As a geek, I tend to take my technology personally. Just like the basketball fans who identify with the team and ride the emotional roller coaster with every slam dunk or misdemeanor arrest, I’m that way with technology.
I’ve long had a local area network within my home. I have a nice, fast broadband cable connection, and at any given moment I have three to seven systems and a couple of printers all connected together. I use different systems for different purposes, and may be using multiple systems at the same time.
My home network has long been protected by a WebRamp Model 700s firewall/router. The company that produced this device, Ramp Networks, is long gone and their technology has appeared, and disappeared, at several other companies.
Having a dead vendor has been a bit of an aggravation at times, and a huge aggravation at other time. Still, the WebRamp has worked well (for the most part) and done a yeoman’s job of protecting my home network. Still, the technology inside my webramp box is showing its age, and it is time to move on.
I thought of just going and buying a new router – I can get one for less than $100 at any of several electronics stores. But, cash flow is tight, and I have a garage full of hardware, so I began to look for plan “B.” After all, we all know that Plan “B” is usually a good one.
So I dug out a nice old Gateway box with 300MHz Pentium processor that I had sitting in the corner of the garage, tossed in a serviceable hard drive and a second network and began to scour the web in search of firewall/router software that I could legally download and use. Certainly some fellow geek with extra hardware and great programming skills wrote something that would run on Windows and do the job for me. I figured that I could connect the system to the cable modem using LAN card #1 and then connect to a 10/100 hub via the second LAN card.
Then I began my software search – and basically came up empty. I was able to find a few minimalist router programs for free – but at close look it appeared that the were selling the additional add-in necessary to give it any degree of robustness.
So I did what any other gookzoid would do, I went into a couple of discussion forums where I know a lot of the players and kept getting the same answer back: that I was a luzer for wanting to do this with Windows, and the Linux was the answer to all of my prayers. But I don’t want to learn Linux. It is not ready for end user geeks like me, just for programmer/engineering geeks, and I’m not one of them. Too bad, came the answers, learn to use and love Linux they chanted. Linux! Linux! I had these visions of a mob of engineers, with torches held high, marching on my little house in suburbia, chanting Linux! Linux! Then someone threw the first torch, and my whole world turned red and orange…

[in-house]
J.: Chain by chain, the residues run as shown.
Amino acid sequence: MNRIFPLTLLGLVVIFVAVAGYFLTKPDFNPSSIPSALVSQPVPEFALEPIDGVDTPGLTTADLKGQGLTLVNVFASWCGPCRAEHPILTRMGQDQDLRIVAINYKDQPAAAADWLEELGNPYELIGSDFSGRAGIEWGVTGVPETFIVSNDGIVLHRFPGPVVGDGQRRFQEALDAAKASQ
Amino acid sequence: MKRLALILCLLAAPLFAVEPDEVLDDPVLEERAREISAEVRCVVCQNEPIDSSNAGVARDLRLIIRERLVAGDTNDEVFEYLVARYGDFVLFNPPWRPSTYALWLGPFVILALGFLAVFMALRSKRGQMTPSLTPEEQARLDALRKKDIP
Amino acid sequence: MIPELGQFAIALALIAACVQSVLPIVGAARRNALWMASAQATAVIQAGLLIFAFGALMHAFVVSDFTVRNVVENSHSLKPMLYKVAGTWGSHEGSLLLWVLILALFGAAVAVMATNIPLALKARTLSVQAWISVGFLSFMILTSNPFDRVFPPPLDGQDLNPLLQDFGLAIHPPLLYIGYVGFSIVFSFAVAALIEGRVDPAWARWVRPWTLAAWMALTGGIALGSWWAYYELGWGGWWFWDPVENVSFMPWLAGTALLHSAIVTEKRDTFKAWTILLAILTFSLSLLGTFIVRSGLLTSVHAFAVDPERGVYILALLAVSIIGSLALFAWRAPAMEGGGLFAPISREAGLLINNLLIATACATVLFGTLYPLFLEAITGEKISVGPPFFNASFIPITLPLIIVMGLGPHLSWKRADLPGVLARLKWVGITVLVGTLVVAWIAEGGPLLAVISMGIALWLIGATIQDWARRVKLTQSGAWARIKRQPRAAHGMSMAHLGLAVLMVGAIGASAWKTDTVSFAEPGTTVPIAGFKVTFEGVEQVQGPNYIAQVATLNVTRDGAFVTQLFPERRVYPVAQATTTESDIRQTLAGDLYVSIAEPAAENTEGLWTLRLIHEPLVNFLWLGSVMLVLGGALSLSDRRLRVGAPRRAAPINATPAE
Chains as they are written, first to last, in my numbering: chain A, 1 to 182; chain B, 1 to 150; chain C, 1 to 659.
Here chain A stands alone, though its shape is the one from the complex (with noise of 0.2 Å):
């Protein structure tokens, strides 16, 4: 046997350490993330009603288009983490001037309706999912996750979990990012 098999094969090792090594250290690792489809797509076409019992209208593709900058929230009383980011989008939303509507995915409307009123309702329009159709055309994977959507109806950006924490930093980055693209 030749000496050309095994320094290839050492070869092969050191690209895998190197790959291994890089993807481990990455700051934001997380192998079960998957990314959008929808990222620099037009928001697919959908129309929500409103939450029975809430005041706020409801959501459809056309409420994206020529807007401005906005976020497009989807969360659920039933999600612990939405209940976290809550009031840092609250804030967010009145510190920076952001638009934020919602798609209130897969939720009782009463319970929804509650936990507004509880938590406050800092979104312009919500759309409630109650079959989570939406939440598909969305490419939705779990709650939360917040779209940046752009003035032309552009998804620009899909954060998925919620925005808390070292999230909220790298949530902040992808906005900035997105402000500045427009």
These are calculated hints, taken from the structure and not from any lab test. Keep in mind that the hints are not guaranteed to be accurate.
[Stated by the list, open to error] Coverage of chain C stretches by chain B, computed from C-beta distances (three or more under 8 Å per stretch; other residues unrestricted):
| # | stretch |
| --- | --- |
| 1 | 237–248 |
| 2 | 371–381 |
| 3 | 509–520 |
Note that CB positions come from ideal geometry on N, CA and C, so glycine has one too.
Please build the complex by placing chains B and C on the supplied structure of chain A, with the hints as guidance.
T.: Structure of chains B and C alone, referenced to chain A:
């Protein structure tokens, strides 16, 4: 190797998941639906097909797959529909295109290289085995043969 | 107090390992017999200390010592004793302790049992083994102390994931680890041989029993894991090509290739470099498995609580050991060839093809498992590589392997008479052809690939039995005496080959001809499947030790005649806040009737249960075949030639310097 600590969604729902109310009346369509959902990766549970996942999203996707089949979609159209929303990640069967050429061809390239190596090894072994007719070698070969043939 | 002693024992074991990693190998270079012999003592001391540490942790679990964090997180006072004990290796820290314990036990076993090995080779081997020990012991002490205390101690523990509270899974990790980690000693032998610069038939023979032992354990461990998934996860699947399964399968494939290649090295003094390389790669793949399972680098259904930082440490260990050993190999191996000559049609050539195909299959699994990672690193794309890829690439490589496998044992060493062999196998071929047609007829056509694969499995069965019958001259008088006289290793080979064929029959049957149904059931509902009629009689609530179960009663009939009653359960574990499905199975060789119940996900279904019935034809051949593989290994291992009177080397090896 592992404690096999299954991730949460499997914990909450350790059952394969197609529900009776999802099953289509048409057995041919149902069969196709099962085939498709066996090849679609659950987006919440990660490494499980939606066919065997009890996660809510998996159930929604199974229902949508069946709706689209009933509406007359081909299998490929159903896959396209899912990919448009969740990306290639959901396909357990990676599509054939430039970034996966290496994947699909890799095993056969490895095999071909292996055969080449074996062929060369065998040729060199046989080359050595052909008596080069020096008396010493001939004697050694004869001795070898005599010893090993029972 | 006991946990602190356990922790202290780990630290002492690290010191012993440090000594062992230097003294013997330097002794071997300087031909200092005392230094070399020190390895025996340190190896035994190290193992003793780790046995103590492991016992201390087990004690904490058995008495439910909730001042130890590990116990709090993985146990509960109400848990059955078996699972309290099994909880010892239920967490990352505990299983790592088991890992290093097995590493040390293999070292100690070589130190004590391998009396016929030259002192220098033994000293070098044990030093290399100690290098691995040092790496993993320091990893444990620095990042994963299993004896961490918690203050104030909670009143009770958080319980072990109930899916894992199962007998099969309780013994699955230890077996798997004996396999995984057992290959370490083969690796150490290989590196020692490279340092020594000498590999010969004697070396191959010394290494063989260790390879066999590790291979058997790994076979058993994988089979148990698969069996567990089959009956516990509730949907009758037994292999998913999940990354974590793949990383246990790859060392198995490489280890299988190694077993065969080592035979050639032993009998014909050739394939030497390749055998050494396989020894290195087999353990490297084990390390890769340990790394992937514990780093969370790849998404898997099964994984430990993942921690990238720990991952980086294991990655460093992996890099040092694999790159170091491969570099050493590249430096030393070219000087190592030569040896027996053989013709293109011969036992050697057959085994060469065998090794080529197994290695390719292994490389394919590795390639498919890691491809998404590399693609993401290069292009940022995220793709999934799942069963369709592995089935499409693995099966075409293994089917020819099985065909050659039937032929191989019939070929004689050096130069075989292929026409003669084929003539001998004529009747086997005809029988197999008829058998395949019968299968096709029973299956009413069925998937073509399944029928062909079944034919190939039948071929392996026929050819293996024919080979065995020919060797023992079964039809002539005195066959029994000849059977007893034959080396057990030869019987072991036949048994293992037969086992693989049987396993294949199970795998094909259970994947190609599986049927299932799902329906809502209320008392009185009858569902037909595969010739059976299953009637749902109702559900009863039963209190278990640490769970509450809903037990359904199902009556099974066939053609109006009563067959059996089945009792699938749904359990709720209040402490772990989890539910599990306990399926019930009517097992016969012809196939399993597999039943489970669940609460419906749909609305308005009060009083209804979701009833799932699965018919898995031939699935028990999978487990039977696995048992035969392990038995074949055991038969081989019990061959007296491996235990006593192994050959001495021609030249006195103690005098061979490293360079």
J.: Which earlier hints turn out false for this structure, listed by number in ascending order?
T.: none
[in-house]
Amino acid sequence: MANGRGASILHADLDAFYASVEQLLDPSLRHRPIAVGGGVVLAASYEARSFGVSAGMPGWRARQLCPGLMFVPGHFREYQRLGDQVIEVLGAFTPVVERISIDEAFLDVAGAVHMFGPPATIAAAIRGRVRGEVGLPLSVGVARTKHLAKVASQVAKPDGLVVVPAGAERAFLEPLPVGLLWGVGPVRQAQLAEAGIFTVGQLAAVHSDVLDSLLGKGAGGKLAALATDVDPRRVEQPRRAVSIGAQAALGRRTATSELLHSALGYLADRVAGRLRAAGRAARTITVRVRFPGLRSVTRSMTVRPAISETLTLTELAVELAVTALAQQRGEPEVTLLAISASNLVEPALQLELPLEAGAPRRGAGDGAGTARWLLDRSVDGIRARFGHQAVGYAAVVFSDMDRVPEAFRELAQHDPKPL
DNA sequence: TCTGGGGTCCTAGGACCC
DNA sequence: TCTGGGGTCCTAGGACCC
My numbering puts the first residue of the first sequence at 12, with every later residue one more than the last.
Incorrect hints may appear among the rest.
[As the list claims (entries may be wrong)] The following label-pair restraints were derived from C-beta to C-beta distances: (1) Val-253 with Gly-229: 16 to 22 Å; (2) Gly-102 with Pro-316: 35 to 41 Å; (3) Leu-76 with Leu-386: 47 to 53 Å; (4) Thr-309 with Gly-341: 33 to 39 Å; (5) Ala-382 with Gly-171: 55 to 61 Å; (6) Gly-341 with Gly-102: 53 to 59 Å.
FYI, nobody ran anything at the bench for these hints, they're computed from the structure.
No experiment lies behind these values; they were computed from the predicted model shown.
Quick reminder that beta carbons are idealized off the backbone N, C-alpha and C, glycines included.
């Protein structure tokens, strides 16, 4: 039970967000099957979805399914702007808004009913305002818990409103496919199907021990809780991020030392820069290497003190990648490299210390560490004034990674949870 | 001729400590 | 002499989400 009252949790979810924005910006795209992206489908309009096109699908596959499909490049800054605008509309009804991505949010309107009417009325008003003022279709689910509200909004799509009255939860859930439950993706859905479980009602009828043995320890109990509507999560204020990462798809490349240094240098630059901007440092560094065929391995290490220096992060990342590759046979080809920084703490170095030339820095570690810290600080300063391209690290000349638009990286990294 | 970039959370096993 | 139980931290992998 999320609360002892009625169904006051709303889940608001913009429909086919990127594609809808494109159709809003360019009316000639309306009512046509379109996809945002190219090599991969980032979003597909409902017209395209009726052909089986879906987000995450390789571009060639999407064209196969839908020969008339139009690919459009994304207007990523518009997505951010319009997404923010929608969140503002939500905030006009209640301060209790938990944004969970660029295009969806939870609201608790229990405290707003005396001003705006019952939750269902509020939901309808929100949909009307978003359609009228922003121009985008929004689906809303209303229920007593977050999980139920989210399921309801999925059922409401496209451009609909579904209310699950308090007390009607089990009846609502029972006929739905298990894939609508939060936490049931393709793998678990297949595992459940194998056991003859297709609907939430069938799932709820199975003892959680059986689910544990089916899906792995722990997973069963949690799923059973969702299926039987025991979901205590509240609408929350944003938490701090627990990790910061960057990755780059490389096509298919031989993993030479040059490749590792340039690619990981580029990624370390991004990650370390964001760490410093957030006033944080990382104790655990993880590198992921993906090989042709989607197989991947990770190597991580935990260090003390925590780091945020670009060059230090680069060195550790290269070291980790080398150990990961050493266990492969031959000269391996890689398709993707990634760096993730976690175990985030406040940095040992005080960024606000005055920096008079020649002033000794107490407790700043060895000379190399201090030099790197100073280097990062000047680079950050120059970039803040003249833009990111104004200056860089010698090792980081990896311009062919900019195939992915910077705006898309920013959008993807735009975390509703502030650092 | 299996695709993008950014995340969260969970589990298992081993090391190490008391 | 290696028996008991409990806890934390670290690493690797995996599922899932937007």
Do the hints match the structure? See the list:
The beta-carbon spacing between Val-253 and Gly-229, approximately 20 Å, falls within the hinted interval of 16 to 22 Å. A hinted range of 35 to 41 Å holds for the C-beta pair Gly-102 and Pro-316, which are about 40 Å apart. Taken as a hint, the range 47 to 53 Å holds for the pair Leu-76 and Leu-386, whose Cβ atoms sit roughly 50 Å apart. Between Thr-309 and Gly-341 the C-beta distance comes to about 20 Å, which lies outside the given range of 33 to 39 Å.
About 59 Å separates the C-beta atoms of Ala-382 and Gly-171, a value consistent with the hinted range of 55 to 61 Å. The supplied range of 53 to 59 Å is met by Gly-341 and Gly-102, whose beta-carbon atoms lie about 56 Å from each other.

OK, so maybe I’m going off of the deep end here. Maybe? Maybe!!! OK, I’m definitely going off of the deep end here in my quest to save about $90, but I still think that I can get over the sadness involved in retiring my trusty WebRamp by putting a retired PC to work acting as my network router.In the interim, I could not leave everything unprotected, so I’m back to running just a single PC on my network, and I’ve installed Systems Mechanic 4 Professional from iolo Technologies which now comes integrated with antivirus protection from Panda (of Spain), and a nifty firewall and pop-up blocker. I just installed it this past weekend, and by the time you read this I will have either fallen in love with it, or burned the installation CD. I’ll let you know how it goes.
In the meantime, if any of you readers have an answer to my quest for a PC-based router/firewall that will run of a 300MHz Windows box, let me know. I’d also like to know if you think that I should get off of my high horse and learn something, anything at all, about Linux. If you do think I should learn some Linux, let me know which flavor, particularly if there is a Linux for Curmudgeons version out there someplace.
OK, confession time. I couldn’t end this column without telling the rest of the story. My WebRamp. Well, I retired it, but I didn’t quite retire it. I simply could not bring myself to power it off. So it sits in the closet in my office, plugged into the wall, with several green lights glowing, representing its connection to my hub. I wonder if it knows that I unplugged the connection to the cable modem, or if late it night it somehow sends out little electronic whispers calling “Surfboard, Motorola Surfboard, please come back!” When I am sitting at this system, pounding away and the keyboard, creating entire worlds of new typographical errors, all I have to do is look up, and I can see the three green lights. I get a bit misty and wonder if the processor inside is crying silicon tears.
6/2005 Update: The WebRamp is forgotten, the 300MHz Gateway is probably in a landfull. The requirement for wireless meant I spent $45 for a used LinkSys router, and life has been good ever since.